Great Scenes: Paikea’s speech in ‘Whale Rider’

I’ve been in a dry spell lately, movie-wise. Haven’t seen anything in the theater or on DVD since Tropic Thunder a few weeks ago. And as a result, this blog has been dedicated almost entirely to the Song of the Day (with the occasional aside on the presidential race).

To remedy that and show a little love to my true passion — movies — I’m introducing an occasional series on ‘Great Scenes’ in cinema.

My first choice is a scene from 2002’s Whale Rider, a lovely film about a young girl’s struggle to break out of patriarchal bonds in a Maori tribe in New Zealand. The girl, Paikea, survived as a baby while her twin brother died and as a result has broken the lineage that was supposed to result in a male savior for her people. Nobody is more aware of this imbalance than her grandfather, who loves Paikea dearly but refuses to accept that a girl might be the leader his people need.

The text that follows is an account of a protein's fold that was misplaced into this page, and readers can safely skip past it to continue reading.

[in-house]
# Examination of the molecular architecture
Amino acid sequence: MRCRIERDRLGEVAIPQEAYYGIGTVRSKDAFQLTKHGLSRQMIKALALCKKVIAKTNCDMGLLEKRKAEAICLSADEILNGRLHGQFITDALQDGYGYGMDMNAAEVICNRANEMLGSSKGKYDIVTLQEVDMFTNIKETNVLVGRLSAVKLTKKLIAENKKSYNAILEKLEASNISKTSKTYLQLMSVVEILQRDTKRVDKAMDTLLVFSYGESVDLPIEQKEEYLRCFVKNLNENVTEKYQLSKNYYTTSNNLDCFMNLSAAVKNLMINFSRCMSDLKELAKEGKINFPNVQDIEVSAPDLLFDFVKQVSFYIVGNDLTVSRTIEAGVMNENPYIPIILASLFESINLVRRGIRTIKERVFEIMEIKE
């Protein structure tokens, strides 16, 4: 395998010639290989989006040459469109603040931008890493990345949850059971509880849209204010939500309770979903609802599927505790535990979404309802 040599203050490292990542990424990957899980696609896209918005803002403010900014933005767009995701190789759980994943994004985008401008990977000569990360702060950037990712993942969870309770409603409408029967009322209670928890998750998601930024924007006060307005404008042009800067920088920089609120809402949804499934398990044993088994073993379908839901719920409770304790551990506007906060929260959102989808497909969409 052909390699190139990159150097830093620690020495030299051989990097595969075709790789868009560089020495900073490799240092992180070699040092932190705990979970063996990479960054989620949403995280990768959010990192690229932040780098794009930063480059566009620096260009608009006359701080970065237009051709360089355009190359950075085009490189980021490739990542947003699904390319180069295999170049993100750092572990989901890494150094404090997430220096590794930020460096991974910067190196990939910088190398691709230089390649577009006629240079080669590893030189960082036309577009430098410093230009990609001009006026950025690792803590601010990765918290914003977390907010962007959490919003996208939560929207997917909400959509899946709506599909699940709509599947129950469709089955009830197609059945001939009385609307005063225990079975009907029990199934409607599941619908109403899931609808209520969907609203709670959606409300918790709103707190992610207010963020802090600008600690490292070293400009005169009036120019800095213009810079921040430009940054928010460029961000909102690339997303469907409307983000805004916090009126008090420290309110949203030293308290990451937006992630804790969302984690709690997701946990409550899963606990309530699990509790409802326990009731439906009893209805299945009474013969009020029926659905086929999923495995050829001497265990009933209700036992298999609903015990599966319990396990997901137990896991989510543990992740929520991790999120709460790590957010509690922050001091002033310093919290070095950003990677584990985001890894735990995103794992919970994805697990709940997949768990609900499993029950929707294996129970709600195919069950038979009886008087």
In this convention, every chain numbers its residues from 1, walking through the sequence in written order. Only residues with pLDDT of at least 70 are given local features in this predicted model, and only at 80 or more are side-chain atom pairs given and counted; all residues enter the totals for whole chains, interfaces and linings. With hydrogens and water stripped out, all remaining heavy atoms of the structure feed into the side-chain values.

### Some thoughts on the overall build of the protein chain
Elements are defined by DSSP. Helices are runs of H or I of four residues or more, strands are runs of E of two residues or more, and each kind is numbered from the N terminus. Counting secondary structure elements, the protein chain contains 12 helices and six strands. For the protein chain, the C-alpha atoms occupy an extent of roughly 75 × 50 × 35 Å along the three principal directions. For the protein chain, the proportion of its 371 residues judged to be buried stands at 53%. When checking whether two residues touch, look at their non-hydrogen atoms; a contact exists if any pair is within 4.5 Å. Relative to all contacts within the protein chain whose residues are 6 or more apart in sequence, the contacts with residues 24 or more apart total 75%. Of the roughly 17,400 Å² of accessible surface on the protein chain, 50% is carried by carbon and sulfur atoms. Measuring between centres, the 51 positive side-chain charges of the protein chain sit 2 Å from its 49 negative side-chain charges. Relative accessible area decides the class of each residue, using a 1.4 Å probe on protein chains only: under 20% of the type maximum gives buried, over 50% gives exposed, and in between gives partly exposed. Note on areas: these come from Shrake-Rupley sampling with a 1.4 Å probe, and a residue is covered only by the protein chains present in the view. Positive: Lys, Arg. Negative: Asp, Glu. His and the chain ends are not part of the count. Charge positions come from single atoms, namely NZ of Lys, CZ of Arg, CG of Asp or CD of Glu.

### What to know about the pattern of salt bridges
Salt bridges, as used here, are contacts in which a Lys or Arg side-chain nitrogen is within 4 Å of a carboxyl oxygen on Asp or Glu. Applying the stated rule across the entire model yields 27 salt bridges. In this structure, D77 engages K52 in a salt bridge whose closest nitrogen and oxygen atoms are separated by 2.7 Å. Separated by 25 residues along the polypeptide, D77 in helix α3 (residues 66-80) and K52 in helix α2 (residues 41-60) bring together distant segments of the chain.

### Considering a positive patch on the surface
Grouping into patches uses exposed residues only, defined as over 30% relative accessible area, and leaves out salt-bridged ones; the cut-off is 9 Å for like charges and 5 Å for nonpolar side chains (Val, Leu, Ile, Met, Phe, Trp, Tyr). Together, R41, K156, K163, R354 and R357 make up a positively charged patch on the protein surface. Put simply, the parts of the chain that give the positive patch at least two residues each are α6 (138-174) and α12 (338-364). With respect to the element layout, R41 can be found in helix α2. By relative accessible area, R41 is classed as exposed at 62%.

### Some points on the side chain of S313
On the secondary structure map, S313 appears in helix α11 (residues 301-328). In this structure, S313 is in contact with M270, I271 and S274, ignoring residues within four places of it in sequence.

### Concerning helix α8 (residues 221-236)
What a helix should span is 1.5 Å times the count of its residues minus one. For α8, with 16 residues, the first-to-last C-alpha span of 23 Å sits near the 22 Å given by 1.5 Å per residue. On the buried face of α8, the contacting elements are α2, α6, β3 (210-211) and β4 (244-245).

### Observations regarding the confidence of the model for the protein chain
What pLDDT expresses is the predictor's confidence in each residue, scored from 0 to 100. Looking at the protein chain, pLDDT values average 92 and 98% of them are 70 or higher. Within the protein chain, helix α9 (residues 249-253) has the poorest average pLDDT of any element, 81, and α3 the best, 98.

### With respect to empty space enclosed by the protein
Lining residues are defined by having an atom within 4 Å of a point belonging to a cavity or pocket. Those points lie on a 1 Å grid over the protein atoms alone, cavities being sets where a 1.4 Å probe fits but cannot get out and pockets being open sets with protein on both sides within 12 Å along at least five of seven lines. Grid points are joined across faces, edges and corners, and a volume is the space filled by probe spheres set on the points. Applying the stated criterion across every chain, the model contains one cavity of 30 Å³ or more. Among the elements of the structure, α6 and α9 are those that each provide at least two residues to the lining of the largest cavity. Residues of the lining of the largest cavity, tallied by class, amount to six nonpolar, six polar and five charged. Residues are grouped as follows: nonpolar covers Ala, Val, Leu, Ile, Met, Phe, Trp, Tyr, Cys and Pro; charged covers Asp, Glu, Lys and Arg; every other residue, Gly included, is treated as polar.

In this scene (which is actually two pieces of the same scene spliced together, cutting out a bit of interrupting action), Paikea delivers a speech for a school recital. She dedicates it to her grandfather but realizes as she’s about to start that he didn’t show up.

Now I never cry at movies, but this film, and this scene in particular, chokes me up every time.

In one of the smartest moves in Academy Awards history, Keisha Castle-Hughes was nominated for Best Actress for her tremendous work in this film. I have little doubt it was due mostly to her work right here.

4 thoughts on “Great Scenes: Paikea’s speech in ‘Whale Rider’

  1. pegclifton says:

    She was wonderful in this scene. I loved this movie, and should watch it again. I’m looking forward to these “great scenes” postings as I have missed your movie “talk”

  2. Amy says:

    Isn’t she a mom by now? Maybe she ought to invite Bristol over for a nice heart to heart. I’m being glib because I haven’t yet watched the scene again. I don’t want to start crying moments before a group of raucous 15 year olds come barreling through my door. This was a very powerful film, one that elicited a fair amount of tears from me when I watched it the first time (though that means far less coming from me than it does coming from Clay).

  3. Clay says:

    I hate the thought that this little girl is indeed a mom just five years later.

  4. pegclifton says:

    Really! That’s hard to believe. I wondered what happened to her.

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